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    OK, quick clarification

    On the website, there are two types of tibetan swords.
    The short tibetan sword (32")
    and the Long Tibetan Sword (36")
    However, there is more than just a size difference.
    The longer sword has a fuller and a clipped point.
    We have been referring to the longer tibetan sword as the himalayan sowrd.

  20. #40
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    Danny, what you're saying actually makes perfect sense to me. Perfect sense. I'm applying WMA doctrine to a weapon that has nothing to do with WMA and it's not working.

    Making a trainer for this is probably outside of my abilities but I'll look into it. Sparring it out does, indeed, solve just about any problem, but I've got to find the right trainer. The truly ironic thing about it is that I have a WMA waster that's nearly the same size and general shape, but it handles completely differently. WMA techniques kind of work with this sword - kind of - but like I said, it feels like I'm doing something wrong. The sword is not responding like they normally do. At the risk of sounding foolish, the feeling in my arm is completely alien. I get the impression that it has potential that I just can't tap. Is that weird? Maybe I'm nuts, but this is the first sword/khukuri/knife/stick/whatever that's ever given me this kind of feedback, and that alone tells me that it's meant to work with principles that I'm not applying correctly.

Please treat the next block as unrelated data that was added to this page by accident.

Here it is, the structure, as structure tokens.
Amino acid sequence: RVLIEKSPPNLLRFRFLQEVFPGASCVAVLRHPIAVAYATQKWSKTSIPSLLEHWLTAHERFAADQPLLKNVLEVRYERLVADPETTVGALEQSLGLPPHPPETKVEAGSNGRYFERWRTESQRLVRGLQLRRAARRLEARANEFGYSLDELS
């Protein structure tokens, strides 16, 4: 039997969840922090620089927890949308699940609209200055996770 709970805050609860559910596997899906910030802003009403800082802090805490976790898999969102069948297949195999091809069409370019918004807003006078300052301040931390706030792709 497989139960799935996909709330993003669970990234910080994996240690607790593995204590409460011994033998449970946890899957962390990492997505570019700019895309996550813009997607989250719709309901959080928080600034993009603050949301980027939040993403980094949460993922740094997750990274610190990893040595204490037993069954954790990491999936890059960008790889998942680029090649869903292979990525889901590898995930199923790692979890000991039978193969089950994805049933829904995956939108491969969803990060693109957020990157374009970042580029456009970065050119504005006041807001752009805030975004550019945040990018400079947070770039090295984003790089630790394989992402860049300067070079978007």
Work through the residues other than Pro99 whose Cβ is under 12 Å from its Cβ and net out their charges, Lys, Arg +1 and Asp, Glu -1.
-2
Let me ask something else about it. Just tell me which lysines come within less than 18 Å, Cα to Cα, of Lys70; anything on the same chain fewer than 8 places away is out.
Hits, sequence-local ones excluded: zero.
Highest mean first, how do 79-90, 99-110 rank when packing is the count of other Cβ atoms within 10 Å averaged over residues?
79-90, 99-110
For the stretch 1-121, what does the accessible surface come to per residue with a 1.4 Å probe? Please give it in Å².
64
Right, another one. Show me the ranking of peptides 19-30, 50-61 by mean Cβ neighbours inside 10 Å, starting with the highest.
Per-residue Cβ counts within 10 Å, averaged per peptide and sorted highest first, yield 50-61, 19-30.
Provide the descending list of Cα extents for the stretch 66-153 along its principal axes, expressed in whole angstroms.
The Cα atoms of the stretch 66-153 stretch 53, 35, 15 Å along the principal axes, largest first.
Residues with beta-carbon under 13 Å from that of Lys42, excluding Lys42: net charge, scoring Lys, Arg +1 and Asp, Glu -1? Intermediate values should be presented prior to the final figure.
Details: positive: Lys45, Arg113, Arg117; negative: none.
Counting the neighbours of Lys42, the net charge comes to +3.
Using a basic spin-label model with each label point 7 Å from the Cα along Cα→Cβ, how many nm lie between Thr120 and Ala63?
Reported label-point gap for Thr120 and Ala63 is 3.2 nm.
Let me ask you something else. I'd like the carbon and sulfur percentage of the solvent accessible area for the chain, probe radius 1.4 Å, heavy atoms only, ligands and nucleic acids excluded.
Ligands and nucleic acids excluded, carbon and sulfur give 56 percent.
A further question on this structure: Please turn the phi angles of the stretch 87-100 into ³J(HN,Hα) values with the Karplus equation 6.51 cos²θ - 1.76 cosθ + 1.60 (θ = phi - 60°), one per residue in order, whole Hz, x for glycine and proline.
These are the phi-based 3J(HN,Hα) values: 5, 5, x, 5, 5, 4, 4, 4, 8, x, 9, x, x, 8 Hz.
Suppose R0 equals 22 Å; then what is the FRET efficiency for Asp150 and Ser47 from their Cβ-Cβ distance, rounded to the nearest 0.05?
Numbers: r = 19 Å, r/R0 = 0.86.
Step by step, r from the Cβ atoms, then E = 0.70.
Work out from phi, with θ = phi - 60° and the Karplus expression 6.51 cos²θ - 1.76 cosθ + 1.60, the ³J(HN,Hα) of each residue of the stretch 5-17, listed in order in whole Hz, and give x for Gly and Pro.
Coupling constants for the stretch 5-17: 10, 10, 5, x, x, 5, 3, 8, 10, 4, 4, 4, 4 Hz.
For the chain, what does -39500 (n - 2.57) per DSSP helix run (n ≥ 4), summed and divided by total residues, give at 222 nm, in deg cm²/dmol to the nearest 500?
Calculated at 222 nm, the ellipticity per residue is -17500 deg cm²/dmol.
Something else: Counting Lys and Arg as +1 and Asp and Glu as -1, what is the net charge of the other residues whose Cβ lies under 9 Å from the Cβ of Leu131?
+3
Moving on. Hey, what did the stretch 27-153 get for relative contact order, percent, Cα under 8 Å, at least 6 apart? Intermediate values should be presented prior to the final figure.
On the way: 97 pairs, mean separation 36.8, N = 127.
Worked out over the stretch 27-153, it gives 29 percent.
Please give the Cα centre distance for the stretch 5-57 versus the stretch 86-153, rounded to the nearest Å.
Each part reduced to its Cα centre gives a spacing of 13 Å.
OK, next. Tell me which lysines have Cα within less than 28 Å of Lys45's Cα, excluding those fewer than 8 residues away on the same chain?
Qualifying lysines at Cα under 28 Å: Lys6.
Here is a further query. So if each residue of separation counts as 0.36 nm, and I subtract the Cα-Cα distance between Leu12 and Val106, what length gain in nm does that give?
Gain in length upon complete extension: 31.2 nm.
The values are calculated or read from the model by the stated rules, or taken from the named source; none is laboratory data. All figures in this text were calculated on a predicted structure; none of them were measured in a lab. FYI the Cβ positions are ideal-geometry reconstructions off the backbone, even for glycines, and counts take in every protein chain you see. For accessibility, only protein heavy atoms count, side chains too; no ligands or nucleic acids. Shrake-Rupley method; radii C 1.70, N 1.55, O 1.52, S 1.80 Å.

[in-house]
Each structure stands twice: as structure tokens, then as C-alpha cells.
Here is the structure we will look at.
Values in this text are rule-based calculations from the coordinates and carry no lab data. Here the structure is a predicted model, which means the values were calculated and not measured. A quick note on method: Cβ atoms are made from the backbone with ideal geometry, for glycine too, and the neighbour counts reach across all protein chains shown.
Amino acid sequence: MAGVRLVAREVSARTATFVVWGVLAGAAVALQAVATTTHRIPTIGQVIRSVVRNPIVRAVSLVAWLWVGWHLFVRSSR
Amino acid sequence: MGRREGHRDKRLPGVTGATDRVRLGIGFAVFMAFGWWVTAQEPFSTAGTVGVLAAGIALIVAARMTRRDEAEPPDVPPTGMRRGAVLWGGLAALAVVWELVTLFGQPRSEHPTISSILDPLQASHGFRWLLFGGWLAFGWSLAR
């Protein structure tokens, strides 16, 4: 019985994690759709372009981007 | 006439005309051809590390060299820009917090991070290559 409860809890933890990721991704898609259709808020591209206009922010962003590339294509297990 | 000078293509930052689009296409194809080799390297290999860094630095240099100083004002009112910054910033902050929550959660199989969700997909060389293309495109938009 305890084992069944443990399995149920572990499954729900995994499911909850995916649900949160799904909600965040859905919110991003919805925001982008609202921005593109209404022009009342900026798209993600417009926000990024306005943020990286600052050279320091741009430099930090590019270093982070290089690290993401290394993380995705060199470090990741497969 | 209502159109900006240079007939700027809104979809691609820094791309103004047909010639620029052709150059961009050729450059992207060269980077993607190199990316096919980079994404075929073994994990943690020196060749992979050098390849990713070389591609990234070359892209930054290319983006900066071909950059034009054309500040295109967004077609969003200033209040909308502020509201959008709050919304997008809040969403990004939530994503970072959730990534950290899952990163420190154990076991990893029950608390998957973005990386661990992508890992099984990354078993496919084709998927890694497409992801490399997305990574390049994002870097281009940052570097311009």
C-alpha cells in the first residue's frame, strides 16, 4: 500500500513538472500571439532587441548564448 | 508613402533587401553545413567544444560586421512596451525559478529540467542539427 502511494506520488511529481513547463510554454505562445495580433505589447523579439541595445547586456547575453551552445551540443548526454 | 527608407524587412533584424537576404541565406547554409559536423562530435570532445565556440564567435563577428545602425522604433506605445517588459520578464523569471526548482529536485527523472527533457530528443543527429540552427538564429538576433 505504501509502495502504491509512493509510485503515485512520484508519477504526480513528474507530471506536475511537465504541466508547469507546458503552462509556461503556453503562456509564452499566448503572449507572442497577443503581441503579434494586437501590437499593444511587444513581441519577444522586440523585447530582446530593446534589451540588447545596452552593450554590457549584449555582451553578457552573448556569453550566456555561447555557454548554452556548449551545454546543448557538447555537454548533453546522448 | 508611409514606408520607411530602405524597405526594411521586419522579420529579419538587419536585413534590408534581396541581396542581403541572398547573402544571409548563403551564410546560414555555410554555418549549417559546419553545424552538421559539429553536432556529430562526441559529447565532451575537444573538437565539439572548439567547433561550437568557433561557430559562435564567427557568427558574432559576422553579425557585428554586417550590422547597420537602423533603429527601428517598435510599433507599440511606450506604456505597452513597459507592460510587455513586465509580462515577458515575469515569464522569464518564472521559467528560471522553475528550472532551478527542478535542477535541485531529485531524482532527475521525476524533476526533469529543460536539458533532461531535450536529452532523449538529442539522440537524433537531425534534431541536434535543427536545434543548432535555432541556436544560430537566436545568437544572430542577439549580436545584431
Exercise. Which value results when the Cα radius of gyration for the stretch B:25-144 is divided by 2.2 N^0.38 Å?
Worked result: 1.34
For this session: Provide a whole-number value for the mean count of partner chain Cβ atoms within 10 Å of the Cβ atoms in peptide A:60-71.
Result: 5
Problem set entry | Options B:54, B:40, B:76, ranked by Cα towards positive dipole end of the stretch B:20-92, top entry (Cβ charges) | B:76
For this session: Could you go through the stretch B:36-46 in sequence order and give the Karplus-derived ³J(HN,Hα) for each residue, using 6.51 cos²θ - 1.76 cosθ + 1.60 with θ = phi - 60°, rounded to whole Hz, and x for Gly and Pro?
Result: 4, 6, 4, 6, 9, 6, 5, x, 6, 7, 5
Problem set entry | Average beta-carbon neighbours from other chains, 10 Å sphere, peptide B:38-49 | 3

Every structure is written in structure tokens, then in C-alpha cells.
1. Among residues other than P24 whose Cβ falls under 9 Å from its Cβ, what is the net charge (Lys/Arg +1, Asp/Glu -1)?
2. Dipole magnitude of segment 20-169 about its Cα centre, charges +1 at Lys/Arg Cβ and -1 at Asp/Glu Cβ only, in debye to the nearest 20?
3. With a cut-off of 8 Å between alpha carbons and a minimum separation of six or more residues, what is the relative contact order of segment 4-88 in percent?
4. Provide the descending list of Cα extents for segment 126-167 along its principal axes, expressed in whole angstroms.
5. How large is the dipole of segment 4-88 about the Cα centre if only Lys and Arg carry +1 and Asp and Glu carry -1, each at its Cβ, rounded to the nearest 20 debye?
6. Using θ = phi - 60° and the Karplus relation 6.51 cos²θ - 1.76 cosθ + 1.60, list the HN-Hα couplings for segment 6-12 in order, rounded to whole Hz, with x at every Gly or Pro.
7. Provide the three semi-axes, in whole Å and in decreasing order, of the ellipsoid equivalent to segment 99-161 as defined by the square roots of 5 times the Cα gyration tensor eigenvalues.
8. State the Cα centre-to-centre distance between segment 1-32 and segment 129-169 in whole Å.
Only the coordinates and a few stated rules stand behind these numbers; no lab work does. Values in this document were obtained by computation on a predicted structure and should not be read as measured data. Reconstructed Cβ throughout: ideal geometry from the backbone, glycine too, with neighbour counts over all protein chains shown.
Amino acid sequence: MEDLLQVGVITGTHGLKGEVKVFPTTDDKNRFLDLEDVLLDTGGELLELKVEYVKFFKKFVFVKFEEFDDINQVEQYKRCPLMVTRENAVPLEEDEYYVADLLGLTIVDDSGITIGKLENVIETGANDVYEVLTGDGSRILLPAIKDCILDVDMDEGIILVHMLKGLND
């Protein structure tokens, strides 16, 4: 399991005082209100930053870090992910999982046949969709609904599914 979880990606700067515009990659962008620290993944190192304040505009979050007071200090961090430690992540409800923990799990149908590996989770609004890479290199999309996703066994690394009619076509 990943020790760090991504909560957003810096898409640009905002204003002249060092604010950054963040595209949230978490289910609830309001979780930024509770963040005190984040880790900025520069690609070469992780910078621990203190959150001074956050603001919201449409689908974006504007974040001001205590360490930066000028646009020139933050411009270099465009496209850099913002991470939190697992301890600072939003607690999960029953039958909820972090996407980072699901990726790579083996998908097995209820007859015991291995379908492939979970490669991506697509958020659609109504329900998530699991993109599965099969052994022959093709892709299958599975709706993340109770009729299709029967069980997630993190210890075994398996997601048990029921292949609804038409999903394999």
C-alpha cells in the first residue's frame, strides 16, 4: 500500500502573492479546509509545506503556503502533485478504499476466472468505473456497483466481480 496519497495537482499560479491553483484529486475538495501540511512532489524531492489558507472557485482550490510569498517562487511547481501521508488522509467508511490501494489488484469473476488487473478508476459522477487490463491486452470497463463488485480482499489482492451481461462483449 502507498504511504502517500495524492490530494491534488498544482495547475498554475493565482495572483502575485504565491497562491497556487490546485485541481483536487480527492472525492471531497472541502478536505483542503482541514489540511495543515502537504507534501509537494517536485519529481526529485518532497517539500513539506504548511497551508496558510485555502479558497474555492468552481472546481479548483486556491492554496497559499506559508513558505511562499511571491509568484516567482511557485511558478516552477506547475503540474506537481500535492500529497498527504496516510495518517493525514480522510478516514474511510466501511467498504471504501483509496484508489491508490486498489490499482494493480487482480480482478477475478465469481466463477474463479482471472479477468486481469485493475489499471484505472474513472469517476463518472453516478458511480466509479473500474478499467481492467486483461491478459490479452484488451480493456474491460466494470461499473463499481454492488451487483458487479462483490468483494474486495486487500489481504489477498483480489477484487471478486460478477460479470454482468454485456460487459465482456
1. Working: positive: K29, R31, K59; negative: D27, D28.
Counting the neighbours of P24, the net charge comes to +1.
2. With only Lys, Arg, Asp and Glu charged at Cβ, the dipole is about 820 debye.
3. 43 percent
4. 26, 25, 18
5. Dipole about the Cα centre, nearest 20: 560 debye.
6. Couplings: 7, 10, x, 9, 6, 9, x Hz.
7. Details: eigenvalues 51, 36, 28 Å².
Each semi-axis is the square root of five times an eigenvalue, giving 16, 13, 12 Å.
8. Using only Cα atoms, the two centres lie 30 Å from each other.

I do, indeed, believe that this is a gem. Imagine a guy who's spent his life shooting an old Winchester '94 and someone hands him a PSG-1. He may understand the basics, but it's going to take him some time to work his head around the new equipment. Now picture a guy who only started shooting last year. I've got some work to do.

    I loaned out my micrometer but I'll try to track it down. If and when I can, I'll try to grab some measurements of this and send them off to you. It might not be enough but it can't hurt, right?

    Thanks for the help. I've got a few leads that I need to run down. I think that Lichtenauer would've gotten a kick out of this Tibetan. It's a piece of work.

    We're drifting off topic. I recommend that we take the rest of this to email.